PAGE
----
**Taken fromWikipedia**: http://en.wikipedia.org/wiki/Utah_teapot

The Utah teapot is one of a handful of iconic models from the early development of 3D computer graphics, having been developed by Martin Newell and modified by his co-worker, Jim Blinn in 1975….taken fr Wikipedia

..It is a mathematical model of an ordinary teapot of fairly simple shape, which appears solid, cylindrical and partially convex. A teapot primitive is considered the equivalent of a “hello world” program, as a way to create an easy 3D scene with a somewhat complex model acting as a basic geometry reference for scene and light setup. Many libraries will even have functions dedicated to drawing teapots.^{[1]}

The teapot model was created in 1975 by early computer graphics researcher Martin Newell, a member of the pioneering graphics program at the University of Utah.^{[2]}

Newell needed a moderately simple mathematical model of a familiar object for his work. His wife Sandra Newell suggested modelling their tea service since they were sitting down to tea at the time. He got some graph paper and a pencil, and sketched the entire teapot by eye.^{[citation needed]} Then he went back to the lab and edited bézier control points on a Tektronix storage tube, again by hand

The teapot shape contains a number of elements that made it ideal for the graphics experiments of the time: it is round, contains saddle points, has a genus greater than zero because of the hole in the handle, can project a shadow on itself, and looks reasonable when displayed without a complex surface texture.

Newell made the mathematical data that described the teapot’s geometry (a set of three-dimensional coordinates) publicly available, and soon other researchers began to use the same data for their computer graphics experiments. These researchers needed something with roughly the same characteristics that Newell had, and using the teapot data meant they did not have to laboriously enter geometric data for some other object. Although technical progress has meant that the act of rendering the teapot is no longer the challenge it was in 1975, the teapot continued to be used as a reference object for increasingly advanced graphics techniques.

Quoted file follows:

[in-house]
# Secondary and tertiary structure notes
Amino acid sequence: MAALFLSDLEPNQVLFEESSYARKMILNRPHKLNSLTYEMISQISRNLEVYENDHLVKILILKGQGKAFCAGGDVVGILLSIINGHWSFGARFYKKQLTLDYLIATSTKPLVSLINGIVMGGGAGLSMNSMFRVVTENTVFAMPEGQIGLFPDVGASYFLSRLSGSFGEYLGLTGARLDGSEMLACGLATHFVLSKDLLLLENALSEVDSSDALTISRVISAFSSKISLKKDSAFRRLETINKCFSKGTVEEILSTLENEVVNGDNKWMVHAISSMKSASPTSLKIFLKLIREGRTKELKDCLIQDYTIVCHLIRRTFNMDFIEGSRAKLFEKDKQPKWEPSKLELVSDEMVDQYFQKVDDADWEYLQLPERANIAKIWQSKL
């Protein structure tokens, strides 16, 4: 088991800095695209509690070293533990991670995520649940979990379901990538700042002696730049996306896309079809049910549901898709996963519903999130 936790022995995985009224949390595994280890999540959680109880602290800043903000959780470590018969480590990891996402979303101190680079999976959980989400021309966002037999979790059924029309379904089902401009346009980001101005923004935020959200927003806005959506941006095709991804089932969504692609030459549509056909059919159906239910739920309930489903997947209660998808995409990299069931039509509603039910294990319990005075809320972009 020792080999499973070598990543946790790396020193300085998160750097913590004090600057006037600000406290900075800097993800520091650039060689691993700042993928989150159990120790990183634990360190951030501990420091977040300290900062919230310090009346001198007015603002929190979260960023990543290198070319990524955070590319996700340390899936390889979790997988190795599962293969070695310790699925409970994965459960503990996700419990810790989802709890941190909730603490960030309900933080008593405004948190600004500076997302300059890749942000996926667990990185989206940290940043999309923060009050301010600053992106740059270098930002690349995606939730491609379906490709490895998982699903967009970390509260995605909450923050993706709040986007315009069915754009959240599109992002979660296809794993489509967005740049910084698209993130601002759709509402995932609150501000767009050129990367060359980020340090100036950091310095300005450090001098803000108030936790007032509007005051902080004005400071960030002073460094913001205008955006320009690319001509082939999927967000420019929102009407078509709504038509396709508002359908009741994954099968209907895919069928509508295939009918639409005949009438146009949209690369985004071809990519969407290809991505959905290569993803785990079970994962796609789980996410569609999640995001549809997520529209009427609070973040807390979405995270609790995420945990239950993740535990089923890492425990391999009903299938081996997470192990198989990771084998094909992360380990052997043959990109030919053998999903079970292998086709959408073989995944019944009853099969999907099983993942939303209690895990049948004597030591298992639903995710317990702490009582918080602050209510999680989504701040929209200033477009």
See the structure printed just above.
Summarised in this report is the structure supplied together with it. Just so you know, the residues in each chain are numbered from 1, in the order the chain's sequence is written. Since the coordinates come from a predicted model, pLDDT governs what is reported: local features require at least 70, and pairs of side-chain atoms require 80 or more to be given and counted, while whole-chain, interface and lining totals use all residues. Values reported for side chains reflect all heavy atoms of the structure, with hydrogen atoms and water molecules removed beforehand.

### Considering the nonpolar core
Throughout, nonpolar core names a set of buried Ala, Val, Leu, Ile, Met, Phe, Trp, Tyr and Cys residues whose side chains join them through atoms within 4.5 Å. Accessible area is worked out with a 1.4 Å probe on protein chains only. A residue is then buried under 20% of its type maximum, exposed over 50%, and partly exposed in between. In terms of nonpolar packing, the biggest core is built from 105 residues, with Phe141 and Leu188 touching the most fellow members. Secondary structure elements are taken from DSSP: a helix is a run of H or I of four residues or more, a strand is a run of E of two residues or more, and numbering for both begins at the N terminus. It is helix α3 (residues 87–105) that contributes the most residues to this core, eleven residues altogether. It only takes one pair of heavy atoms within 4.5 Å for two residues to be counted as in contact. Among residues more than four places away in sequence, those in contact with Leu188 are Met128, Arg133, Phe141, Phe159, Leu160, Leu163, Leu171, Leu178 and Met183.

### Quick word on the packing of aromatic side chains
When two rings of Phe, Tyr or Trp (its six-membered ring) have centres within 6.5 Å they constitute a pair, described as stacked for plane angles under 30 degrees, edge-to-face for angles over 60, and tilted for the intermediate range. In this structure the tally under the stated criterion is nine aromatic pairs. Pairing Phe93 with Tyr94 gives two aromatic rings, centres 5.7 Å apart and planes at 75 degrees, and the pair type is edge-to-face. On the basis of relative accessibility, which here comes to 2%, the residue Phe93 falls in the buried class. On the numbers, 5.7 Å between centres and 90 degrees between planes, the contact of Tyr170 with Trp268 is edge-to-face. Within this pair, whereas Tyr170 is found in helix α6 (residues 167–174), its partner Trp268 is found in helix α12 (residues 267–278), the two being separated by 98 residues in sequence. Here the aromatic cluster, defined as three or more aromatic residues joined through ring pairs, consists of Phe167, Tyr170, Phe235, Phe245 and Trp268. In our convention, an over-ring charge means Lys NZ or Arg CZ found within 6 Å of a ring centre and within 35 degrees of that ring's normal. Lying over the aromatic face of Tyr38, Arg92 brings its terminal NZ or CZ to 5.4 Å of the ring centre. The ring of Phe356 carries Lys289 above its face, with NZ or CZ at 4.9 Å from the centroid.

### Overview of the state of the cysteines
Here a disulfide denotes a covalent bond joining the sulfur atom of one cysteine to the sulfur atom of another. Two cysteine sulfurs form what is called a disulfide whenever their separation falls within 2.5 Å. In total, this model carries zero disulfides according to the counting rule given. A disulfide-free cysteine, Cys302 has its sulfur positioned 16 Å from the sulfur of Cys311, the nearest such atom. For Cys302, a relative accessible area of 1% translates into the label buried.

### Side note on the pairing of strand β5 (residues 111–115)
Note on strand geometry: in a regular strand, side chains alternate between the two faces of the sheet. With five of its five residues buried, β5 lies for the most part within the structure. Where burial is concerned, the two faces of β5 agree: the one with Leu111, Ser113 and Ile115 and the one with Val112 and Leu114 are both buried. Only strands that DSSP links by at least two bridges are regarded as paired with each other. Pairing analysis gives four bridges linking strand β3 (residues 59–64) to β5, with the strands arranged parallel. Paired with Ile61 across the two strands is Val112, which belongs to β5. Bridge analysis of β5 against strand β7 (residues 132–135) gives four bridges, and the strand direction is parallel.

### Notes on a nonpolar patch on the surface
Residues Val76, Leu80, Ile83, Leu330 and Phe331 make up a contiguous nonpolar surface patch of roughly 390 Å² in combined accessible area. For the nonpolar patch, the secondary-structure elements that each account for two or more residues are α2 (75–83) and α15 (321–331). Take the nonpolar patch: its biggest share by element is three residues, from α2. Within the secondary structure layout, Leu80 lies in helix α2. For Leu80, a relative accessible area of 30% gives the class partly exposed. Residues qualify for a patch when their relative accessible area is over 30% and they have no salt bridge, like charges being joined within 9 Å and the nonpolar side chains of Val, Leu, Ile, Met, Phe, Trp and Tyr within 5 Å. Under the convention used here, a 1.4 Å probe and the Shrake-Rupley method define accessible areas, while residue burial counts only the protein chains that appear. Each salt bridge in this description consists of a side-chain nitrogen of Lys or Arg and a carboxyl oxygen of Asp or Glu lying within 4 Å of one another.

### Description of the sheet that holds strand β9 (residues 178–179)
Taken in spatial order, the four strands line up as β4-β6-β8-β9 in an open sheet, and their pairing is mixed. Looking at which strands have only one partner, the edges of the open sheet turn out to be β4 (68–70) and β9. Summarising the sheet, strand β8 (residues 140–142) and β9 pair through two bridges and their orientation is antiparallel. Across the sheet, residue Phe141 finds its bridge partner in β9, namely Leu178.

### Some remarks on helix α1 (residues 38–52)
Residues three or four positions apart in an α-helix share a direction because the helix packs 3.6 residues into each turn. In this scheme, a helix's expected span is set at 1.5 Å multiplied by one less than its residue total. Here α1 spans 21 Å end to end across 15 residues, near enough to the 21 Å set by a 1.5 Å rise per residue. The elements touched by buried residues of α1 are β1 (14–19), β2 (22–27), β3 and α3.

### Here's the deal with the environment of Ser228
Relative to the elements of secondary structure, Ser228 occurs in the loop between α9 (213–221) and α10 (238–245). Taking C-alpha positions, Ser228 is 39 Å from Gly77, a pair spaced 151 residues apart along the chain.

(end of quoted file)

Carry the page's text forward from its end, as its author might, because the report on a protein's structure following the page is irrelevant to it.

Why is the Utah Teapot used? Where is it seen?

###### The Utah Teapot

Computers manipulate data. So, how do you get them to generate images? By representing images as data.

Martin Newell at the University of Utah used a teapot as a reference model in 1975 to create a dataset of mathematical coordinates. From that he generated a 3D “wire frame” defining the teapot’s shape, adding a surface “skin.”

For 20 years, programmers used Newell’s teapot as a starting point, exploring techniques of light, shade, and color to add depth and realism.

**Taken from Computer History Museum site**: http://www.computerhistory.org/revolution/computer-graphics-music-and-art/15/206